In your sight, Lord – here is the power of all scripture in a nutshell because in scripture we see creation, we see reality, the past, present and future, we see others and ourselves – through God’s eyes.

Hubble sees by the light of the stars; we see and we walk by the light of God. To see our human existence on this planet as God sees it; and to live according to our seeing is to have found the precious gift of wisdom; the treasure hidden in the field.

Of those who walk by their own light Cardinal Newman says: they pace round and round in the small circle of their own thoughts and of their own judgments. What a sad picture! May the good Lord preserve us from such futility! And he does!

Little by little, therefore, you correct those who offend,
you admonish and remind them of how they have sinned,
so that they may abstain from evil and trust in you, Lord.

Zacchaeus was a tax collector, pacing round in a small circle of his own – a collector of gold and silver pieces which, through the eyes of wisdom might as well have been pebbles from the road or shells from the beach. It seems he had heard of Jesus and wanted to see him. So, interestingly, having no telescope, he climbed a tree to get a better look.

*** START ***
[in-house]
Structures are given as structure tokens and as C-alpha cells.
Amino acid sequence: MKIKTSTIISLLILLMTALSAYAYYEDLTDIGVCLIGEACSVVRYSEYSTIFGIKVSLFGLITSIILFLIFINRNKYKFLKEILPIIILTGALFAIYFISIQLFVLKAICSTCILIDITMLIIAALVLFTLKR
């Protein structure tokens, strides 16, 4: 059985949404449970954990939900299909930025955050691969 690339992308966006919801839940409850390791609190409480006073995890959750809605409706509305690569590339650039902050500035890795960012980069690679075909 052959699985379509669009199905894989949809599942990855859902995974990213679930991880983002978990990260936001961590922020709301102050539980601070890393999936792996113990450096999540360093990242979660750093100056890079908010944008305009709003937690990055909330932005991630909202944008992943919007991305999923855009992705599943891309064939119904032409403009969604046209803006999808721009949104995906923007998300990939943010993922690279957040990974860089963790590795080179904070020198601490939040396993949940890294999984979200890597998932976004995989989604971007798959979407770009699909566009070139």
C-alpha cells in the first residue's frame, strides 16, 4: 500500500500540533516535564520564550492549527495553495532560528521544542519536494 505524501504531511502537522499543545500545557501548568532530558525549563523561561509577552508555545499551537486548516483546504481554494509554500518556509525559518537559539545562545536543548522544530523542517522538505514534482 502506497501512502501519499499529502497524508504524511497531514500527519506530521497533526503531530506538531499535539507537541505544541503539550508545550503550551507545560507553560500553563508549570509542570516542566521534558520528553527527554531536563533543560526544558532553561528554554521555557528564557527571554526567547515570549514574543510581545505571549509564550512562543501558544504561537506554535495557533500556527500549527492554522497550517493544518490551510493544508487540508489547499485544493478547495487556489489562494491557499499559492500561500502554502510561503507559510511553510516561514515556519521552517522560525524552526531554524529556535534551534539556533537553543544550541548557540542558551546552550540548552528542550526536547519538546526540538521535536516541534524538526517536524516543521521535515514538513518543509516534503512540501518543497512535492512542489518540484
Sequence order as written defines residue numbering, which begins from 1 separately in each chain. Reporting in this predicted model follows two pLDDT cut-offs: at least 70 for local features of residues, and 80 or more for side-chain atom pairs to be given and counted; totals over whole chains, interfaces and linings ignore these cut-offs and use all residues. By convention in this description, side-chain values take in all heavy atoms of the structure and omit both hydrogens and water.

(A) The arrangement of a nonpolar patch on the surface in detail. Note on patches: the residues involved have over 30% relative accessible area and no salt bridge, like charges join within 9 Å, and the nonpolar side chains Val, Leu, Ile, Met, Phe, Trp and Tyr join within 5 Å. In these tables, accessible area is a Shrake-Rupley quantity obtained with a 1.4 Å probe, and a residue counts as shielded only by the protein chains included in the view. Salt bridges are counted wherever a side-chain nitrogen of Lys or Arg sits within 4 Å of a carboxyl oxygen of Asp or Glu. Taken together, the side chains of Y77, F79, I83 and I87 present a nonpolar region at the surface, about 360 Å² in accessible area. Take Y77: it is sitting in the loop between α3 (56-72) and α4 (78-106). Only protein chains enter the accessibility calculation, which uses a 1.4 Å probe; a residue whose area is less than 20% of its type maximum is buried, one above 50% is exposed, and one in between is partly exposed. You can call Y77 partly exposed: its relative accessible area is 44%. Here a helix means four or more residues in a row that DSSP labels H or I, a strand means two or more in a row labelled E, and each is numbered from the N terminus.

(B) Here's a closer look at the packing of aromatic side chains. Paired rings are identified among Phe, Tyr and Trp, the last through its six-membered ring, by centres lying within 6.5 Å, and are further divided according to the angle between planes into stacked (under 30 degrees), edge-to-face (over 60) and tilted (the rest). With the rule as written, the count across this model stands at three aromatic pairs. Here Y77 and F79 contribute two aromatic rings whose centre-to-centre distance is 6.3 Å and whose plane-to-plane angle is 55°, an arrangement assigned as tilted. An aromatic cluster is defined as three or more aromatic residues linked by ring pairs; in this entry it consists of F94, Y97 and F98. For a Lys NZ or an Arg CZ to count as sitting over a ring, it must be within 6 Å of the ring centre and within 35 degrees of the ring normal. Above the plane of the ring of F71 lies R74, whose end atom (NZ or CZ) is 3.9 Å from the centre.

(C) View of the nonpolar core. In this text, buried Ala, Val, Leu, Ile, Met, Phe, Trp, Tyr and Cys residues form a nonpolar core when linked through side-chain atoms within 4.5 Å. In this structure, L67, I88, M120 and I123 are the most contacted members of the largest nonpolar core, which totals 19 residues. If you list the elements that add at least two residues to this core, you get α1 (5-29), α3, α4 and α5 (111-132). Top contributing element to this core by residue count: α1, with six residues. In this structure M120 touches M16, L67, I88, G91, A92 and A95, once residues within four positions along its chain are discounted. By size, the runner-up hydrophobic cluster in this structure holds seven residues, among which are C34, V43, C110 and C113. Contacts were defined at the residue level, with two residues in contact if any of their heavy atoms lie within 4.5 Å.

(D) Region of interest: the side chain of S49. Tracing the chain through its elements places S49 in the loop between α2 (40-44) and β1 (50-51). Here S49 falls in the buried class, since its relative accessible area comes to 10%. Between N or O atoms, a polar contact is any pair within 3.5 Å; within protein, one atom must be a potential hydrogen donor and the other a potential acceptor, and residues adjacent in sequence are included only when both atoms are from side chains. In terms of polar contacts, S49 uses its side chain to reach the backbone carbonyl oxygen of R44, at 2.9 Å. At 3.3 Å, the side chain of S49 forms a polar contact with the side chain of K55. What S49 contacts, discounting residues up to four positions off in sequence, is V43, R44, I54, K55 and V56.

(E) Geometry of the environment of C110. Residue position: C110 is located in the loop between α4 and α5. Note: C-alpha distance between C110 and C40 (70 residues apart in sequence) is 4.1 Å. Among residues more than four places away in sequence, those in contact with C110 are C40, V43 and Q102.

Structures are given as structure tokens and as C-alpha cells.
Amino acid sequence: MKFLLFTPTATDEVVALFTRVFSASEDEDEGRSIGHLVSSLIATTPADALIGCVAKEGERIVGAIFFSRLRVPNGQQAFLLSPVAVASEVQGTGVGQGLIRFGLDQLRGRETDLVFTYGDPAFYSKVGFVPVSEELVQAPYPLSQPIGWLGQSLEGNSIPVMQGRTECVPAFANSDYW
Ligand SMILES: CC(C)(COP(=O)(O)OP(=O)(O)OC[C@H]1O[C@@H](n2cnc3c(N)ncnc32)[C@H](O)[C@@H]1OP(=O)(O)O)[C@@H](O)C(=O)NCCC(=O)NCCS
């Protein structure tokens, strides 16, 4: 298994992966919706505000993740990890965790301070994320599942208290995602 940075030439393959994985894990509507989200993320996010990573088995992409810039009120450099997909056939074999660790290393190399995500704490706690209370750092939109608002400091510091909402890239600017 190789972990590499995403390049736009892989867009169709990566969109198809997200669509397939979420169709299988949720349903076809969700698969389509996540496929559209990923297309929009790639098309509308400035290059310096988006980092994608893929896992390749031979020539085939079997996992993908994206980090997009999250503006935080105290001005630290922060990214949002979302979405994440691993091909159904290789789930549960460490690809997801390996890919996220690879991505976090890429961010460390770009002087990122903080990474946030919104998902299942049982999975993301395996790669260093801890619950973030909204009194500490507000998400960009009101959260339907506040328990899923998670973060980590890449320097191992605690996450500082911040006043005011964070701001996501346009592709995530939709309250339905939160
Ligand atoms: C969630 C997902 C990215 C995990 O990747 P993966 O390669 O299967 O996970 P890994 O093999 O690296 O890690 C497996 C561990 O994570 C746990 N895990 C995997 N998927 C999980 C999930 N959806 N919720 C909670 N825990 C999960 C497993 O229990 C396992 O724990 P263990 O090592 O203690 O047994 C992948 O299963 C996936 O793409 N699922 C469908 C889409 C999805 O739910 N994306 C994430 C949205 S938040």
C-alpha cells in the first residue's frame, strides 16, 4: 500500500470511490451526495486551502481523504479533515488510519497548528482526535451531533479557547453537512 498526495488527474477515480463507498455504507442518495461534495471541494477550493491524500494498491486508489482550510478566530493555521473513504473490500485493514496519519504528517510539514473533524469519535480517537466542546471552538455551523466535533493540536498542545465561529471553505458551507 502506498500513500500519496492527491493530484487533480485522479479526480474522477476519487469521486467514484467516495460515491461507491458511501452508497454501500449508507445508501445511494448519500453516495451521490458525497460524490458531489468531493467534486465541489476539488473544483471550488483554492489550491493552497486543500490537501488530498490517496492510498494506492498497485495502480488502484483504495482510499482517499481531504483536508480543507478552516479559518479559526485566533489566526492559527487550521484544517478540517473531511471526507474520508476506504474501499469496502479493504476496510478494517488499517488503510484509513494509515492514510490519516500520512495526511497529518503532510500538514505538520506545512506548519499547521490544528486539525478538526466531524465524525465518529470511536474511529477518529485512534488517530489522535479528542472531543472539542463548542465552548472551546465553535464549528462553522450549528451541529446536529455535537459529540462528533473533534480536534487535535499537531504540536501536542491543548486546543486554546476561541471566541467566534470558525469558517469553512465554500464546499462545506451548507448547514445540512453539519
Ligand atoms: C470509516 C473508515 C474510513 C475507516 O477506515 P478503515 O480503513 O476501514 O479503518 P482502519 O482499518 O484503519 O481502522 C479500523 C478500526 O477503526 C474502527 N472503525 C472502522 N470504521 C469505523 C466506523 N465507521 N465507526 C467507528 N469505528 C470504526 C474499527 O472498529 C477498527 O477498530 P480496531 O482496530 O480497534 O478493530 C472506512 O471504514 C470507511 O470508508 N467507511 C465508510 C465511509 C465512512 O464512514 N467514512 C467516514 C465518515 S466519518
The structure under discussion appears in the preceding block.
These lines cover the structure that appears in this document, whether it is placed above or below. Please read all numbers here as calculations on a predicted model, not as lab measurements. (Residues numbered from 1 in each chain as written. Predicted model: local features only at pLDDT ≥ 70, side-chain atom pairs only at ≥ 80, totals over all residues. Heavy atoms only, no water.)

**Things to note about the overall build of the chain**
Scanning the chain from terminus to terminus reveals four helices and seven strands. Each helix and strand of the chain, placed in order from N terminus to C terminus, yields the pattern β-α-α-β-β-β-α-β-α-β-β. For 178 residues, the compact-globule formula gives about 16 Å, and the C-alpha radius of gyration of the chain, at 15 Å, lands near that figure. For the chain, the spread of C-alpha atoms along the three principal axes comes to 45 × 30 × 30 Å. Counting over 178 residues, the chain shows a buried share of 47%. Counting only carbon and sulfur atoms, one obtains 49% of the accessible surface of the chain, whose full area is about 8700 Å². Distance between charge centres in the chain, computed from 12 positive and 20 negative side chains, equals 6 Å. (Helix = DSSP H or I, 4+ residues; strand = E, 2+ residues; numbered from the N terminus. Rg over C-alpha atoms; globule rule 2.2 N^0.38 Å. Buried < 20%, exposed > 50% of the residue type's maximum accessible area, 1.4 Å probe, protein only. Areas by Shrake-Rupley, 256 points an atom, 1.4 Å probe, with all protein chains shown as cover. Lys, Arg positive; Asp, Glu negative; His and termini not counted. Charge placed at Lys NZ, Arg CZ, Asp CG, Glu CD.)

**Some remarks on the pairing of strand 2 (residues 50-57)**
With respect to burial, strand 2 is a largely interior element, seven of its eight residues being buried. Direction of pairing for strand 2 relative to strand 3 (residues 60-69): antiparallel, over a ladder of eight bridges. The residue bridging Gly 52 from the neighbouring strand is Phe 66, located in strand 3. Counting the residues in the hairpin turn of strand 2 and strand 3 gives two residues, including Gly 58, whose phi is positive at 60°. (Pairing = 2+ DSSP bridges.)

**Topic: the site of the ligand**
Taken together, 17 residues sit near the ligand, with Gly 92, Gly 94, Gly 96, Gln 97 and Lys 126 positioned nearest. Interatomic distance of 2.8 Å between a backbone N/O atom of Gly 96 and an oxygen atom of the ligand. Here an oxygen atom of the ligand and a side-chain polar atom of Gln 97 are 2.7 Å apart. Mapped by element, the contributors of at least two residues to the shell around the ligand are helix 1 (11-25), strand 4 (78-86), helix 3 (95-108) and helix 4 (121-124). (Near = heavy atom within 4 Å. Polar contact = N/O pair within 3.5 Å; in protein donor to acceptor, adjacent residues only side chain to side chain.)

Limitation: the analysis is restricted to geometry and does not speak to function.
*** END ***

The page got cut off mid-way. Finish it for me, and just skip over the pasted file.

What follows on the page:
This first response to Jesus did not go unnoticed by him and so he made the next move, he ‘looked up and spoke to him’. Zacchaeus responded and ‘hurried down’ and in the sudden joy which came upon him welcomed the Lord and repented of his sins.

Ah, yes, Lord, it is true: Little by little, therefore, you correct those who offend; and: Yes, you love all that exists, you hold nothing of what you have made in abhorrence; because, as you say of Zacchaeus: this man too is a son of Abraham.

Is it not incomprehensible that the God of the universe in whose sight: the whole world is like a grain of dust; should find it in his merciful heart to occupy himself not only with us humans who populate this grain of dust, but with the least of us, the sinner, and show him such infinite, loving tenderness, that he is moved to surrender to God his whole life?